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    Sunday, April 10, 2005

    Dirty Hospitals or Natural Selection? London's most esteemed children's hospital has a antibiotic resistant germ problem:

    FOUR children aged three or under have died after suffering MRSA infections at Britain’s most famous children’s hospital, figures released under the Freedom of Information Act reveal.

    They were among 20 infants whose bloodstream contained MRSA, the most dangerous form of the superbug infection, at Great Ormond Street hospital, London, in the past five years. While 16 of these toddlers recovered, four died and the infection definitely contributed to the death of at least one of them.

    Antibiotic resistant bacteria are on the rise everywhere, not just at hospitals. They're present in the community, too. Their presence is not so much a reflection of hygiene as it is of overuse of antibiotics. The natural home of staph is the skin. It's a common source of contamination whenever the skin is breached, such as placement of an intravenous catheter, or surgery, or a cut or scrape. It can also be introduced by the touch of another. It's hard to say which is the source of woe for the British hospitals. Probably a combination of things. But, since their healthcare system is run by the government, it's become a politicized issue:

    As MRSA — methicillin-resistant staphylococcus aureus — has become an election issue, hospitals have come under increasing pressure to keep details of infections and deaths secret. Leeds Teaching Hospitals NHS Trust last week claimed it could not reveal how many babies had been infected or died from MRSA at its hospitals due to government guidance about the disclosure of sensitive information in the build-up to the election.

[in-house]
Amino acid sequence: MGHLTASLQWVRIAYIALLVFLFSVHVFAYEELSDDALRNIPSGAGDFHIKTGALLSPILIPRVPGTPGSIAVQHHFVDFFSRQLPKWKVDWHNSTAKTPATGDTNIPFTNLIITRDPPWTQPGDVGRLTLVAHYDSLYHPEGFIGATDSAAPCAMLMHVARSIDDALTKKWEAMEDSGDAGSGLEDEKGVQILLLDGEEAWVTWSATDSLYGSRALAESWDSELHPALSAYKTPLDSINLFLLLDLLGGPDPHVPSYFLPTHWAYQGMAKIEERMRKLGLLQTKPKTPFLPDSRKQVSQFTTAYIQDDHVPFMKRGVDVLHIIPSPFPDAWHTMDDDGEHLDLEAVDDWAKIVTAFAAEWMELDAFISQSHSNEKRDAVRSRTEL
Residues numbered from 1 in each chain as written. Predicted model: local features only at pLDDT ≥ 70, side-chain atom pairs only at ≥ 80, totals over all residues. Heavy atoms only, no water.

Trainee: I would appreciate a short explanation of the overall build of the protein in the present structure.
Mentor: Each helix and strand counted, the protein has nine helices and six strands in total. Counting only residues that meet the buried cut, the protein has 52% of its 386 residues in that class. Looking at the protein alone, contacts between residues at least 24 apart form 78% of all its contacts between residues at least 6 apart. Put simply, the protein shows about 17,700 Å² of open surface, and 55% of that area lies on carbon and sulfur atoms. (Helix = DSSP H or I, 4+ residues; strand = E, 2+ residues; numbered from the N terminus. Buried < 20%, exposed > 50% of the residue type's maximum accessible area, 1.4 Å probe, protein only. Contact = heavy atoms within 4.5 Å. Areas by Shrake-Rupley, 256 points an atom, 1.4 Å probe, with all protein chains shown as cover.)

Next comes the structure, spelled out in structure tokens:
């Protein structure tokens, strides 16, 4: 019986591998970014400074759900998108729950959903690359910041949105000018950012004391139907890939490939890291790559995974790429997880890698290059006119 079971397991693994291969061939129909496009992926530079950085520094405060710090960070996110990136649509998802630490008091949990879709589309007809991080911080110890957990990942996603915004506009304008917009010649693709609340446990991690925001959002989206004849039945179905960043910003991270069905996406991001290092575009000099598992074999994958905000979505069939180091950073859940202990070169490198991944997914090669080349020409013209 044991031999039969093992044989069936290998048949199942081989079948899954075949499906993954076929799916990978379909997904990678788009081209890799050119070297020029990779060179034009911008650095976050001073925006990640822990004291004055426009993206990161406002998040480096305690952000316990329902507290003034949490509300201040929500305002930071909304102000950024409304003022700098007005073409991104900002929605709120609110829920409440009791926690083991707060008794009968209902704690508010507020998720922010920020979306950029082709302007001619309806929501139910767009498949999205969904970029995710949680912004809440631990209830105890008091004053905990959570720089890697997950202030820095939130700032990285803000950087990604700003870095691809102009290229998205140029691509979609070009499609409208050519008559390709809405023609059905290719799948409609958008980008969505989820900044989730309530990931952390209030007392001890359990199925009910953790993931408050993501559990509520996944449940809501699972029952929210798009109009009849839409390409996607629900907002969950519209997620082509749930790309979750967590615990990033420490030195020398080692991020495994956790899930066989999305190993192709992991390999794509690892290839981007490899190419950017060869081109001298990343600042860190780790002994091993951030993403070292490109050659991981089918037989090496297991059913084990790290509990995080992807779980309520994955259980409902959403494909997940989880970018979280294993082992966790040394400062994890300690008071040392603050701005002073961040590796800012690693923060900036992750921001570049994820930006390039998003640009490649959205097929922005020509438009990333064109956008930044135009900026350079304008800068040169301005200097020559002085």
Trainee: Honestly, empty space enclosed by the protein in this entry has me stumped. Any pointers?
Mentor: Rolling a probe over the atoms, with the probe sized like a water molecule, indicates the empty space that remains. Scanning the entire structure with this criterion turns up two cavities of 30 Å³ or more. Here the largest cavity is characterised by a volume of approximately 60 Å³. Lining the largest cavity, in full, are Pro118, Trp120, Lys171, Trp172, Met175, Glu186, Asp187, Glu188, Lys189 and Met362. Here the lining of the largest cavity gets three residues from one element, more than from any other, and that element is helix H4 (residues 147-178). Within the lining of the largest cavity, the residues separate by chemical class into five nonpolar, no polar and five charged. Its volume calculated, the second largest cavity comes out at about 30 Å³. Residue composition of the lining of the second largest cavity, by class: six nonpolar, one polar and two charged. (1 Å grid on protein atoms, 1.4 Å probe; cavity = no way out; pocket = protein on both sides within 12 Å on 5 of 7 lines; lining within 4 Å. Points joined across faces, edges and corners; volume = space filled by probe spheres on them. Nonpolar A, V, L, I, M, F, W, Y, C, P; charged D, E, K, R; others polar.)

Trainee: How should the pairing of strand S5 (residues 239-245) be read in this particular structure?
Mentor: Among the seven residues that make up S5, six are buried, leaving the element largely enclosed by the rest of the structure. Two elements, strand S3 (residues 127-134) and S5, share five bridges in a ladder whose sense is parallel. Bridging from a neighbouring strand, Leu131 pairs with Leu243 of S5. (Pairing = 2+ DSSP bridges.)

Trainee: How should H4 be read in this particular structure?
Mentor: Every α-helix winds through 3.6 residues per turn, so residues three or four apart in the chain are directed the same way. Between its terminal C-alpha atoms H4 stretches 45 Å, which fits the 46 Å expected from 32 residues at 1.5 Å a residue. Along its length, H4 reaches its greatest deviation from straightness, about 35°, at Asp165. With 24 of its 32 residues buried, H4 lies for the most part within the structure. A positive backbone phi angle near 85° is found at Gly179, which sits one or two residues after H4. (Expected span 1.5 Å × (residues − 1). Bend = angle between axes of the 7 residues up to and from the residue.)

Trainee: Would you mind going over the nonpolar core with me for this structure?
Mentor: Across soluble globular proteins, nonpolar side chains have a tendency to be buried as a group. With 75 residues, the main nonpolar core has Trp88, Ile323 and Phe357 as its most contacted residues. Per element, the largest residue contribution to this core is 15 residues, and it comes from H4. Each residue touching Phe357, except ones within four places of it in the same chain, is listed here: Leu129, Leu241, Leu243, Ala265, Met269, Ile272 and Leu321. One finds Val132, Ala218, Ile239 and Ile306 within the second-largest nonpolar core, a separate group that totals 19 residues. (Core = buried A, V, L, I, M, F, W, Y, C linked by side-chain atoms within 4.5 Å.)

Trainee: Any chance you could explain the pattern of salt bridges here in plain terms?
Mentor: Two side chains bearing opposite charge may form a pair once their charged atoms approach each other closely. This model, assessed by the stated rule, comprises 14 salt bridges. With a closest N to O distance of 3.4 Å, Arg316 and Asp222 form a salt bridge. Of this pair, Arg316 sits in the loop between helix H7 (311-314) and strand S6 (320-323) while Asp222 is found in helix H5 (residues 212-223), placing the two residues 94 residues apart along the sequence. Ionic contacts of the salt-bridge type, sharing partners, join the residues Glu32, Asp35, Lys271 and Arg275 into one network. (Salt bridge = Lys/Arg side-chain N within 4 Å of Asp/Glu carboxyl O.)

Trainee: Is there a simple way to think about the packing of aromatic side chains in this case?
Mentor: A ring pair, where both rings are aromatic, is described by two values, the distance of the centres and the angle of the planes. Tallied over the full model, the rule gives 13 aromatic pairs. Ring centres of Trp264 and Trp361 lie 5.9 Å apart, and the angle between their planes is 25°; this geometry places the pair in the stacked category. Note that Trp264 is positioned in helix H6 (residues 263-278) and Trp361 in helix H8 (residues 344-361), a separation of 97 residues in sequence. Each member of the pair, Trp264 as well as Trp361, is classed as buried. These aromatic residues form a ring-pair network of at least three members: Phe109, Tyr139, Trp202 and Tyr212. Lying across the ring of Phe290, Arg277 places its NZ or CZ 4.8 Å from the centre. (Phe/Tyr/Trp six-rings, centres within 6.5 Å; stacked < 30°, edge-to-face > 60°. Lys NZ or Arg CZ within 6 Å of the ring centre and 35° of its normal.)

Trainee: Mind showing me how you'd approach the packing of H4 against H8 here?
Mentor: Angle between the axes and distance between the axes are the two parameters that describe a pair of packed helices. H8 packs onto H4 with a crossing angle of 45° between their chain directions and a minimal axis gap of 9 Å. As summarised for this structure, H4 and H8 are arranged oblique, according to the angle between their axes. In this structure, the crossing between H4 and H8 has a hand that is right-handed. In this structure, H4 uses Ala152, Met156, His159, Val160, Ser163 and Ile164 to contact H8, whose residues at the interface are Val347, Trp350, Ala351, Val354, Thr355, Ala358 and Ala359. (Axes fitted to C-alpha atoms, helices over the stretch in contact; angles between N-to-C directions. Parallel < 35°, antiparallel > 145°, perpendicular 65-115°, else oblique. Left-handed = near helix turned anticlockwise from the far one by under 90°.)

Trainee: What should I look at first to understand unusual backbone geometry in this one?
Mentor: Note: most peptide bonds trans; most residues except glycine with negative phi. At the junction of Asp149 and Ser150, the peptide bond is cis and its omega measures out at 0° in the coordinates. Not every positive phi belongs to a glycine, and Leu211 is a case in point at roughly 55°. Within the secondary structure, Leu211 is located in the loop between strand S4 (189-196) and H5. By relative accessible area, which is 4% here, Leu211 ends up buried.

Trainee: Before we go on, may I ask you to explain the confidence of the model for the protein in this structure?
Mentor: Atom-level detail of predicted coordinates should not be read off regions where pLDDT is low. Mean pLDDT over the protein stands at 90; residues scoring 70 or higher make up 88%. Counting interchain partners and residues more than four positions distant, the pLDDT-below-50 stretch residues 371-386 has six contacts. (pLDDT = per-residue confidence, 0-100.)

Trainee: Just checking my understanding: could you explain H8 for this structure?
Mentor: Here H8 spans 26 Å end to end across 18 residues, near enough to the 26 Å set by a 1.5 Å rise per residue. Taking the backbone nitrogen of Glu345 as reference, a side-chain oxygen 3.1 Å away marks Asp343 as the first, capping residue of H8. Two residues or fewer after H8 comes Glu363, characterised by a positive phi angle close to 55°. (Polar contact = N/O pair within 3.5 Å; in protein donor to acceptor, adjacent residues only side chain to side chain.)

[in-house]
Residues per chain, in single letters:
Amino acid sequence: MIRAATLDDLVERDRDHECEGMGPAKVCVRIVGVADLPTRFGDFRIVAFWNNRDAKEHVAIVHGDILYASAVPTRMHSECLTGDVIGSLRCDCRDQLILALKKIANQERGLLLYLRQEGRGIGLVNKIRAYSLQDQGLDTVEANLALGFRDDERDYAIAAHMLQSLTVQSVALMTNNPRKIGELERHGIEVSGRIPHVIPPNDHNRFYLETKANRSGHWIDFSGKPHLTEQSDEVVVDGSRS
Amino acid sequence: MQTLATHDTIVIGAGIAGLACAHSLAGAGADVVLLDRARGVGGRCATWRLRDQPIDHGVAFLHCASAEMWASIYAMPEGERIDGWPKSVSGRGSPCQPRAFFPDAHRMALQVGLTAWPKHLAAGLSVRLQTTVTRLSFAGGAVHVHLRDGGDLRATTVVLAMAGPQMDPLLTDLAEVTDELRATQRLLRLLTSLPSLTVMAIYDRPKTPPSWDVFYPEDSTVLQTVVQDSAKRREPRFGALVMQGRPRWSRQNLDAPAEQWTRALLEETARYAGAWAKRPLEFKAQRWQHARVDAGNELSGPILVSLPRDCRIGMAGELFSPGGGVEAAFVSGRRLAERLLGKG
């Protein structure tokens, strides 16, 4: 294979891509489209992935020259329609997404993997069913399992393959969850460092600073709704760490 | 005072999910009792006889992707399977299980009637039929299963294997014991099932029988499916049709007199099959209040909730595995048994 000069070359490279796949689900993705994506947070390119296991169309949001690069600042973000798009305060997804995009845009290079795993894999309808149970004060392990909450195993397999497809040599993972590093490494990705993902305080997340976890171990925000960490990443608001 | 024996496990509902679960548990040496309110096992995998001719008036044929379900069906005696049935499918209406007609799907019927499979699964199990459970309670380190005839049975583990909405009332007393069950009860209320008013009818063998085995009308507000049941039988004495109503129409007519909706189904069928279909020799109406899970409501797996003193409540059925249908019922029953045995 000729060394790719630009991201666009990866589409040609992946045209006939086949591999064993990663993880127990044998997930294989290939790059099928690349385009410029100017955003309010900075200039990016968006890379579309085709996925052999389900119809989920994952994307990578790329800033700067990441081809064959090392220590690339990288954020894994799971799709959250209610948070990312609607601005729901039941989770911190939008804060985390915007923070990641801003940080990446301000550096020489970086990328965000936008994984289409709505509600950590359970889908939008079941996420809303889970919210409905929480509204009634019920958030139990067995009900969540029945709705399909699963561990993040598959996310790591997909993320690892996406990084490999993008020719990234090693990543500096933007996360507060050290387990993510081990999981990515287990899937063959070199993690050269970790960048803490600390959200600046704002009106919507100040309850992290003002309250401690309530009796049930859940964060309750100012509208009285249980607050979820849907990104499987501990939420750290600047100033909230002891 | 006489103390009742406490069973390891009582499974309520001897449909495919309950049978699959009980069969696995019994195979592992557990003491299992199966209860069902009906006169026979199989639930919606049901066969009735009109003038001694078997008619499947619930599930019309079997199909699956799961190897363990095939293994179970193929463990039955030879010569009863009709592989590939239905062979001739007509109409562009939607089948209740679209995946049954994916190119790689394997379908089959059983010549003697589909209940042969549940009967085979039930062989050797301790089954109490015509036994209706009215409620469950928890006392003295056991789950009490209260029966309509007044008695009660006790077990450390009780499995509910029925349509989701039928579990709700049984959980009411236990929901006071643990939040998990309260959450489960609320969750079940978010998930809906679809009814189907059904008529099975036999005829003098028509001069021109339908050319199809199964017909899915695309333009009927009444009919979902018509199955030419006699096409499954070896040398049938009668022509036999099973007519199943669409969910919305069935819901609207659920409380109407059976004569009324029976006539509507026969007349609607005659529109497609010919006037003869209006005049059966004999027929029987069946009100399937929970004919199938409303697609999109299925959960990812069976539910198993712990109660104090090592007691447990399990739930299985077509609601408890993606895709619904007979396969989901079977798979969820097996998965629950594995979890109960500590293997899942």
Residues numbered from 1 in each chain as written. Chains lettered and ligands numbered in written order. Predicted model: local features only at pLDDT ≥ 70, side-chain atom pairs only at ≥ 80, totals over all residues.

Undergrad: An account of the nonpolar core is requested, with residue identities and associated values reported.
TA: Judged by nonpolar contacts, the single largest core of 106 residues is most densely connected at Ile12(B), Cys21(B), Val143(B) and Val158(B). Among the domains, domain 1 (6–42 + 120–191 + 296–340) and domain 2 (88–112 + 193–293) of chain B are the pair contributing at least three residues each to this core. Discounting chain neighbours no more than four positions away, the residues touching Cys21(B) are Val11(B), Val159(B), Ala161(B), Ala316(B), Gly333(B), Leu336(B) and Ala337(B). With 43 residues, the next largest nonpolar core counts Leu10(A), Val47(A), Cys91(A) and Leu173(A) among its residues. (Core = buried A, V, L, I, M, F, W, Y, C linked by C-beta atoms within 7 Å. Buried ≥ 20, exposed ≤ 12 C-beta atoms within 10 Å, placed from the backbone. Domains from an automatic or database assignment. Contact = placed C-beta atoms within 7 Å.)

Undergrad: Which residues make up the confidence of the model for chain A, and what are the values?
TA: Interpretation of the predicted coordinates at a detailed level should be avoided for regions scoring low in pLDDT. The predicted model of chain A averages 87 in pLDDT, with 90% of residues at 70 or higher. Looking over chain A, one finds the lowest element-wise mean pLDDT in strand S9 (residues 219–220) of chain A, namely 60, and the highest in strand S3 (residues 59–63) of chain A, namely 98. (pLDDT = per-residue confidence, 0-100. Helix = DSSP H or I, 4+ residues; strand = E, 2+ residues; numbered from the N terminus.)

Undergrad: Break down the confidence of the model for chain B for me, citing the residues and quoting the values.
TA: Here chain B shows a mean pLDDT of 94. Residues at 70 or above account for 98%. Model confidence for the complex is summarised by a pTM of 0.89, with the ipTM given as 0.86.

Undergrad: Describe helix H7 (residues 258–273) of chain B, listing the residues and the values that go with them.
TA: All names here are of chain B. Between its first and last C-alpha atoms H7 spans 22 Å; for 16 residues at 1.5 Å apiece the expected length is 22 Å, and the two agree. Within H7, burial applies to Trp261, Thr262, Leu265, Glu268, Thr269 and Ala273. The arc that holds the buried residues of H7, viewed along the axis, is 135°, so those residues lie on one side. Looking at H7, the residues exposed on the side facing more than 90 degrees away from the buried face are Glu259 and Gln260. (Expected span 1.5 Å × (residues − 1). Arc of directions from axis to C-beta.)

The Department of Health is also understood to have complained to the Patients Association that the publication of its survey in February showing high rates of MRSA infections in newborn babies overshadowed the government’s NHS Think Clean Day.

    The Conservatives have made the fight against hospital-acquired infection a central election pledge. Last week they promised £52m to fight MRSA in hospitals.

    And don't forget the celebrity input:

    This week the actress Leslie Ash, who almost died after becoming infected with a hospital superbug similar to MRSA, will speak about her ordeal at a Patients Association conference about the dangers of dirty hospitals.

    MRSA is a problem here in the States, too, but since the hospitals aren't run by the government, it isn't an election issue. The hospitals just take measure to try to prevent it as best they can - like requiring gloves for all patient contact and limiting the use of antibiotics that can contribute to the development of resistance. Using politics to control it seems an especially inefficient system.


    posted by Sydney on 4/10/2005 04:23:00 PM 0 comments


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